Whether you plan to breed, compete or enjoy Arabian horses for pleasure, a pedigree is a valuable tool that can help you understand more about your horse and their history. Each pedigree is a record that details the ancestors of a certain horse. In many cases an Arabian horse’s predecessors can be followed back to the desert.
The pedigrees of all registered Arabian and Half-Arabian horses are available on the Arabian Horse DataSource, as well as being printed on their registration papers - these are the best and most accurate sources of information. Other webpages such as the All Breed Database and Pedegru also have pedigree information, though their accuracy is not guaranteed as they are not official records and anyone can amend them.
Below is the pedigree of US Reserve National Champion and sire of National Champions, Padrons Psyche, taken from DataSource.
Beneath each horse’s name is their unique Arabian Horse Association registration number, and their coat color.
By looking back at each generation the sire (father) and dam (mother) of the horse can be identified, as well as the maternal and paternal grandparents, and beyond. Commonly, the terms by and out of are used to describe the relationship between sire and dam and their offspring. For example, Padrons Psyche is by Padron, and out of Kilika.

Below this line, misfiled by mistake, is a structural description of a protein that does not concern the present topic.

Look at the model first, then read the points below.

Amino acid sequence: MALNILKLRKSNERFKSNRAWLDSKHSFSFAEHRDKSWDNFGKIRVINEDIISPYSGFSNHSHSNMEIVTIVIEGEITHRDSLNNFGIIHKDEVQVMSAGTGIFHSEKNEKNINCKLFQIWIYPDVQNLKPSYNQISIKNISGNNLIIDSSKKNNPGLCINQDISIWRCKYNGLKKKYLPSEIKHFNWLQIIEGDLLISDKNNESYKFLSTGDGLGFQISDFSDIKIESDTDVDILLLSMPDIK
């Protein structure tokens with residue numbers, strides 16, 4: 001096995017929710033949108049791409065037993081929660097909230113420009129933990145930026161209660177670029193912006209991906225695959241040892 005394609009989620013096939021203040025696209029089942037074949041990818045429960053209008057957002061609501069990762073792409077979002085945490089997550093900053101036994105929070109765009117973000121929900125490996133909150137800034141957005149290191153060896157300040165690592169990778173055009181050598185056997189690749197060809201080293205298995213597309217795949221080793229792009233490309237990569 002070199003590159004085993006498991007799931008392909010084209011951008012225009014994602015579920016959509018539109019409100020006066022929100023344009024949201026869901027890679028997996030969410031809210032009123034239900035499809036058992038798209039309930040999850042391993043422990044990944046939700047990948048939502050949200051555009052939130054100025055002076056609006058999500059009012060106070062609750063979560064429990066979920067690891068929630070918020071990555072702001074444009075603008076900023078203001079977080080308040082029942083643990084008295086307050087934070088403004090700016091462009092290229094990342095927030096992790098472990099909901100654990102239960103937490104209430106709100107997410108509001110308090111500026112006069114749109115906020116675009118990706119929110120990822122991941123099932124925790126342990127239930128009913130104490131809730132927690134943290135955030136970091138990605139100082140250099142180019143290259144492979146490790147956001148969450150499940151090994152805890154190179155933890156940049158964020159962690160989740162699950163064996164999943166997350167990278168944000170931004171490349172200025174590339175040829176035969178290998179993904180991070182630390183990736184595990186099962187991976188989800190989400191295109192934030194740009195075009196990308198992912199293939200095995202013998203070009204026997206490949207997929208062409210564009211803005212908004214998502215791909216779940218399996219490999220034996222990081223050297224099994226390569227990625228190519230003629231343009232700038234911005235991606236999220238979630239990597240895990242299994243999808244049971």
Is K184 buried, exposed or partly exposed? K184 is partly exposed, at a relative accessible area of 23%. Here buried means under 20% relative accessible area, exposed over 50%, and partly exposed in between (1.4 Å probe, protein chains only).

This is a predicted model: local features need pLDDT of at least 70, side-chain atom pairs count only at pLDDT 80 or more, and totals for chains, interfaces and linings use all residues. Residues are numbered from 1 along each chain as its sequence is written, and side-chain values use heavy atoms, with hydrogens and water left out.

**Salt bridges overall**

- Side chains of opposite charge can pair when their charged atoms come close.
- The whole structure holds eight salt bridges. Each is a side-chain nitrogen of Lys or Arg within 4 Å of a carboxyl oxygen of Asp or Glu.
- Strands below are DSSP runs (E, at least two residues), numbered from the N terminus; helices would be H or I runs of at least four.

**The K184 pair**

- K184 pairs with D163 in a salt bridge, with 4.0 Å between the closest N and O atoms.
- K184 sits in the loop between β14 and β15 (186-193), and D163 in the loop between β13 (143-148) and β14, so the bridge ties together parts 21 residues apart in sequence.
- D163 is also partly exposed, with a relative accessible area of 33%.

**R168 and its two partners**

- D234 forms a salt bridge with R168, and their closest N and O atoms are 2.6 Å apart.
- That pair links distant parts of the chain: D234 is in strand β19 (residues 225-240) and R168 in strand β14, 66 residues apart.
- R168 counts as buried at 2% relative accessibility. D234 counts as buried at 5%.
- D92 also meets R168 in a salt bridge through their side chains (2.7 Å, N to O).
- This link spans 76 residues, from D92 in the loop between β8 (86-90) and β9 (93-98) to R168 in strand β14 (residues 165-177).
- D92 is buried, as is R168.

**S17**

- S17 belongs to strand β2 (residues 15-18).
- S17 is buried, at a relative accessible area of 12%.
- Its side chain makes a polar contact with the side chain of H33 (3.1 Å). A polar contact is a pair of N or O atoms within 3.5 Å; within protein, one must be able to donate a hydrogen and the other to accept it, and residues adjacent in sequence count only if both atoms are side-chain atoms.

Every Arabian horse has both a sire line and a tail female line or dam line. The sire line runs along the top of the pedigree tracing from the sire, to the grandsire, to the great grandsire and so on. The tail female line follows the dam to the granddam to the great granddam and onwards. Both the sire line and tail female line can be traced back to one final ancestor known as the foundation sire on the top and the taproot female on the bottom.
In addition to being important for breeding and purchasing decisions, pedigrees can be fun and interesting to study. By understanding the horses of the past that contribute to a given individual, breeders and enthusiasts alike can better speculate and even predict what the horse itself, or its future offspring, may have to offer.
For more information check out these FAQs on the Arabian Horse Association website.